Latest Head and neck cancer Stories
Patients with tongue cancer who started their treatment with a course of chemotherapy fared significantly worse than patients who received surgery first.
SDSU research finds people are more likely to want to quit smoking when celebrities with cancer make headlines.
A team of scientists at Johns Hopkins and in Texas has identified a handful of genetic mutations in black Americans, in addition to some chemical alterations affecting gene activity, which may help explain why the death rate among African-Americans from the most common form of head and neck cancer continues to hover some 18 percent higher above the death rate of whites with the same cancer.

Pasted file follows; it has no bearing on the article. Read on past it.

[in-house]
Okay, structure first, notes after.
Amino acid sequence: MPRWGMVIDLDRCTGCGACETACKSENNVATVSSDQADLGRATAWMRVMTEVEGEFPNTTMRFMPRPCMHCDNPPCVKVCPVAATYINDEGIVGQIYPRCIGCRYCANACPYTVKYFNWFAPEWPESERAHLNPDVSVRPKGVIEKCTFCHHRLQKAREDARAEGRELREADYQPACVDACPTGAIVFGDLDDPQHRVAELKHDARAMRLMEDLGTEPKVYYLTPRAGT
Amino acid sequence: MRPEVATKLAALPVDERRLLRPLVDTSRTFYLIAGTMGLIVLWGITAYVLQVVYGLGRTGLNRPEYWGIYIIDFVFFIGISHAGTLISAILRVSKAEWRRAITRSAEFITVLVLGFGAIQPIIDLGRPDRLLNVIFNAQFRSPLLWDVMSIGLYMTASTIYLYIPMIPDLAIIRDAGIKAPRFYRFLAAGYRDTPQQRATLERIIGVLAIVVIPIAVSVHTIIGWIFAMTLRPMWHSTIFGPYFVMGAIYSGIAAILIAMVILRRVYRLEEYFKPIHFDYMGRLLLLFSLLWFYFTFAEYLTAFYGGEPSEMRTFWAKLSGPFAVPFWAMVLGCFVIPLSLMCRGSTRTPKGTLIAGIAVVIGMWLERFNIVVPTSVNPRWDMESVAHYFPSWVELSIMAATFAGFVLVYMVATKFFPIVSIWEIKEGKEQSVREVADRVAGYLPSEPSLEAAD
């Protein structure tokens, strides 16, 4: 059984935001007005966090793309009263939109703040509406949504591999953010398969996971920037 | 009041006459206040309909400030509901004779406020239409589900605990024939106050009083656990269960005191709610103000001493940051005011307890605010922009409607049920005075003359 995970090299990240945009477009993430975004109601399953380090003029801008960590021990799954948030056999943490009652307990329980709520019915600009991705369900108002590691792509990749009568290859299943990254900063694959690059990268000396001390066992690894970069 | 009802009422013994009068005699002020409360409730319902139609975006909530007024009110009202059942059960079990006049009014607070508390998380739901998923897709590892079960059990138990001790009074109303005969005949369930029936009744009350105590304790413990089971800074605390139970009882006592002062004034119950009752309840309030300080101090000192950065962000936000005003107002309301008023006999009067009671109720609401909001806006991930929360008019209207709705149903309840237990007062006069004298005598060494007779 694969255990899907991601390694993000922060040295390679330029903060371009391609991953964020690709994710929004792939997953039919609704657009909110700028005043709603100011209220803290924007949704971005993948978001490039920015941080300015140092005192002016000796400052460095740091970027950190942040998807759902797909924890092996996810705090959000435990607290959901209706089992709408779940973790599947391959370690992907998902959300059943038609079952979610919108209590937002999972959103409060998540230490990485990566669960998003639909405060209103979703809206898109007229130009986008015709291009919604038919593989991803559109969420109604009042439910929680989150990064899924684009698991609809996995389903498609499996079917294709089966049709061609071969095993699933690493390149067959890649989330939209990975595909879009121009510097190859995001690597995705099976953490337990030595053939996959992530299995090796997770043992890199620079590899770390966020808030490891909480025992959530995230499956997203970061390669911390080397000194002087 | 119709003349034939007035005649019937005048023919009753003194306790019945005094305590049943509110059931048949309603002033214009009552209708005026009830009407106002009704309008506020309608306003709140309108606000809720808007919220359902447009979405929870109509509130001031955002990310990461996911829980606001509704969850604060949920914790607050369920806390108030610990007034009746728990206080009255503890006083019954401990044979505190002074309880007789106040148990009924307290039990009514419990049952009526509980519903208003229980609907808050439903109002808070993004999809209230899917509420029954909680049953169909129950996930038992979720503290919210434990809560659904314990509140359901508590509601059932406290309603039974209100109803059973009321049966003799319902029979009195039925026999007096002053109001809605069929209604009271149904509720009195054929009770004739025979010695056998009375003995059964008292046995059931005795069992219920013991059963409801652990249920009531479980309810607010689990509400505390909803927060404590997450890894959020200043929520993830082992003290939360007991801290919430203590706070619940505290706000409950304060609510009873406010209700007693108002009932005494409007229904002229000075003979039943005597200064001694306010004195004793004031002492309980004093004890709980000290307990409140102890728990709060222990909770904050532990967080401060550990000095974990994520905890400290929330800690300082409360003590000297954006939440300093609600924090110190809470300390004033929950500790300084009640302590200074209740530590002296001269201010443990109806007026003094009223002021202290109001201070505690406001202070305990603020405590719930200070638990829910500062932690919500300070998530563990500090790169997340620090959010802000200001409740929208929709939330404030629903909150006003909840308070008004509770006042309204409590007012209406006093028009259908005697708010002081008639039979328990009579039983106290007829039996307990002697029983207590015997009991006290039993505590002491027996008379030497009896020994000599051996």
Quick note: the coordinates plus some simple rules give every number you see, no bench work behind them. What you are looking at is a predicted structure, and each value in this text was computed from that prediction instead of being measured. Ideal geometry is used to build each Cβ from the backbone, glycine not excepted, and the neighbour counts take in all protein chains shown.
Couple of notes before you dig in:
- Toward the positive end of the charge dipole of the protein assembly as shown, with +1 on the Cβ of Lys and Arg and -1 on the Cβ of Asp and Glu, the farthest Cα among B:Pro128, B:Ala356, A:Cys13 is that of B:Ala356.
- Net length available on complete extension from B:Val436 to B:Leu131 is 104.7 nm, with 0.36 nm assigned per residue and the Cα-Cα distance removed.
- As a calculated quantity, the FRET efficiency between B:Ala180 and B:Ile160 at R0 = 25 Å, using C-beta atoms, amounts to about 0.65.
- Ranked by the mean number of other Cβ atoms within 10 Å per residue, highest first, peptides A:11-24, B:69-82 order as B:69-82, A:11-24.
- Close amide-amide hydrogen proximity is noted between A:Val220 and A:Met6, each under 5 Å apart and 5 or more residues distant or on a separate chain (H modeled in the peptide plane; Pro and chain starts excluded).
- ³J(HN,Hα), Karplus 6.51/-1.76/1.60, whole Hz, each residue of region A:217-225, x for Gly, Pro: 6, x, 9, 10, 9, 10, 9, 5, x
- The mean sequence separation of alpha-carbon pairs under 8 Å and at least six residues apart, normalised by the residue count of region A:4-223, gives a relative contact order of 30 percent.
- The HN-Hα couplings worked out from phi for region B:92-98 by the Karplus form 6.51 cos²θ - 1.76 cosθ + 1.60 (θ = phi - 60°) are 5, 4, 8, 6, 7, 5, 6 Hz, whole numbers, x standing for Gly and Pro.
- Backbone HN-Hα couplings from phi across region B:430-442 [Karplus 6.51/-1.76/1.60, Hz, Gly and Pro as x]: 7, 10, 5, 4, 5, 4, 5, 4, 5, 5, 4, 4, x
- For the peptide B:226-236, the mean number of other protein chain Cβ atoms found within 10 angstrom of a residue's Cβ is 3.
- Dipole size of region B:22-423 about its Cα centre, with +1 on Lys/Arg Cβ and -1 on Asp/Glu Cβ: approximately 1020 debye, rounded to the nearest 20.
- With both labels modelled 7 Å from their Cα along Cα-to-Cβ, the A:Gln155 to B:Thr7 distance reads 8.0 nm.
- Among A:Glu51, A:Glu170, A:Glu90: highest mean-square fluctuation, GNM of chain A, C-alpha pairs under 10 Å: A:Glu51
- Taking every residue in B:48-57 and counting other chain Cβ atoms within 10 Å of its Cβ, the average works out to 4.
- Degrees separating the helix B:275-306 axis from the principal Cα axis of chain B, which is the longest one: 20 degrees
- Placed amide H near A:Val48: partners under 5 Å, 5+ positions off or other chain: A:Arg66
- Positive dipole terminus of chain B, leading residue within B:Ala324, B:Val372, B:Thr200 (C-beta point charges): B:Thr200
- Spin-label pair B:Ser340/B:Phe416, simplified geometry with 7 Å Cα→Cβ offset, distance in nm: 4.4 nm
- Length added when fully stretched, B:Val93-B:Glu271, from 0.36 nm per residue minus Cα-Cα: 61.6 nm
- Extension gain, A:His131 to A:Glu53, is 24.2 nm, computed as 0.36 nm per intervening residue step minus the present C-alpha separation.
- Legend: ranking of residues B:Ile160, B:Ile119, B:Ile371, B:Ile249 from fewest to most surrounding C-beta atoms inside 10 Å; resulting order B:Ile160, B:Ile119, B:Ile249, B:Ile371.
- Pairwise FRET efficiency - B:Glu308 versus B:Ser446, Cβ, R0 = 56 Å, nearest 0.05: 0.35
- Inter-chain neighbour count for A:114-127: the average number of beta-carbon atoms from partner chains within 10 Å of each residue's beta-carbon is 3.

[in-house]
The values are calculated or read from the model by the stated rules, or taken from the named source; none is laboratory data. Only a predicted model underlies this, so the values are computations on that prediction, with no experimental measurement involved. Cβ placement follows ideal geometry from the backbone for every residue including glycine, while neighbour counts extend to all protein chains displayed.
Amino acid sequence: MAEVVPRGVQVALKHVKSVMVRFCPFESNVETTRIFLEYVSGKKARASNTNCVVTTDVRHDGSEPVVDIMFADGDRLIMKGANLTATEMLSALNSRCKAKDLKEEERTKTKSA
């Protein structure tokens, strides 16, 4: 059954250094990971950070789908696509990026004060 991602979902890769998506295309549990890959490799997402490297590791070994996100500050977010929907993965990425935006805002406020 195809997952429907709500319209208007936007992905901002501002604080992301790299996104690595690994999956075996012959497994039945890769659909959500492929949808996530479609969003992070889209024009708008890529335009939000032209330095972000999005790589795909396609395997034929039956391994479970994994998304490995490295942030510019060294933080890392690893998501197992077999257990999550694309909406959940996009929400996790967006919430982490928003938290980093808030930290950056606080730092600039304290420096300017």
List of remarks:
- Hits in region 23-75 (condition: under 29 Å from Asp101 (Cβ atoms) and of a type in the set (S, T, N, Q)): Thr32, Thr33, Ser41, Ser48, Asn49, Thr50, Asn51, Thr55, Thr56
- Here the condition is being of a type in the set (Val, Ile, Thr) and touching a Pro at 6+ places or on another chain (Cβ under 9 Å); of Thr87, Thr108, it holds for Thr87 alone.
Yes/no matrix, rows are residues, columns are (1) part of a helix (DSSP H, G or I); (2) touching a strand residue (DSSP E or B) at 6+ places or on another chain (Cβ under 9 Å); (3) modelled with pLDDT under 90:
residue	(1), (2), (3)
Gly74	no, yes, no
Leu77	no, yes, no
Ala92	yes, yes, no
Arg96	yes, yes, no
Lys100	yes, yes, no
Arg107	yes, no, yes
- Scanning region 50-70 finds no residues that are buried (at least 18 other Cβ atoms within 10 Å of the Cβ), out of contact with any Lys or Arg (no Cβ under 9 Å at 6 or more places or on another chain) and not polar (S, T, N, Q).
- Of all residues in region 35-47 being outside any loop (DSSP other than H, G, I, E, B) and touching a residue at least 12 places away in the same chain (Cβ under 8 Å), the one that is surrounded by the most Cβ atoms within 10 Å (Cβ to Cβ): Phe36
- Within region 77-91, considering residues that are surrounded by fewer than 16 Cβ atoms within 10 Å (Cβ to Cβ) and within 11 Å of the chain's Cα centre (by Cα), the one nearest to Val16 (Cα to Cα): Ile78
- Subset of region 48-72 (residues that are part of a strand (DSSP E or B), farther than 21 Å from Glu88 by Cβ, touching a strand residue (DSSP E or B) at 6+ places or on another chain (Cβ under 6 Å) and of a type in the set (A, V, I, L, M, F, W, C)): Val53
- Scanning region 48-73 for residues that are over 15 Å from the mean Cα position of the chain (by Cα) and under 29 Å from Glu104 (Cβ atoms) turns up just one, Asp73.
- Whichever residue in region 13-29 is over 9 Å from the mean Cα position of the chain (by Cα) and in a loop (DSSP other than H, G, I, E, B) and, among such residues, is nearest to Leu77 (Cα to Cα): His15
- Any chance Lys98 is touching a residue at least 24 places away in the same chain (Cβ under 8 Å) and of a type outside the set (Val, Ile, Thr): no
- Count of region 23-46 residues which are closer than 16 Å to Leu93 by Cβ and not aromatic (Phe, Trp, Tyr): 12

Certain genetic alterations to the PAX gene family may be responsible for survival disparities seen between African-American and non-Latino white men with head and neck cancer.
Human papillomavirus (HPV) can damage chromosomes and genes directly, researchers report in a new study.
Offering free head and neck cancer screenings annually to the community not only has the possibility of early detection, but also the opportunity – particularly in an urban city – to increase a person's understanding of risk factors that cause cancer.
Unique DNA markings on certain genes may "predict" the risk of developing head and neck cancer.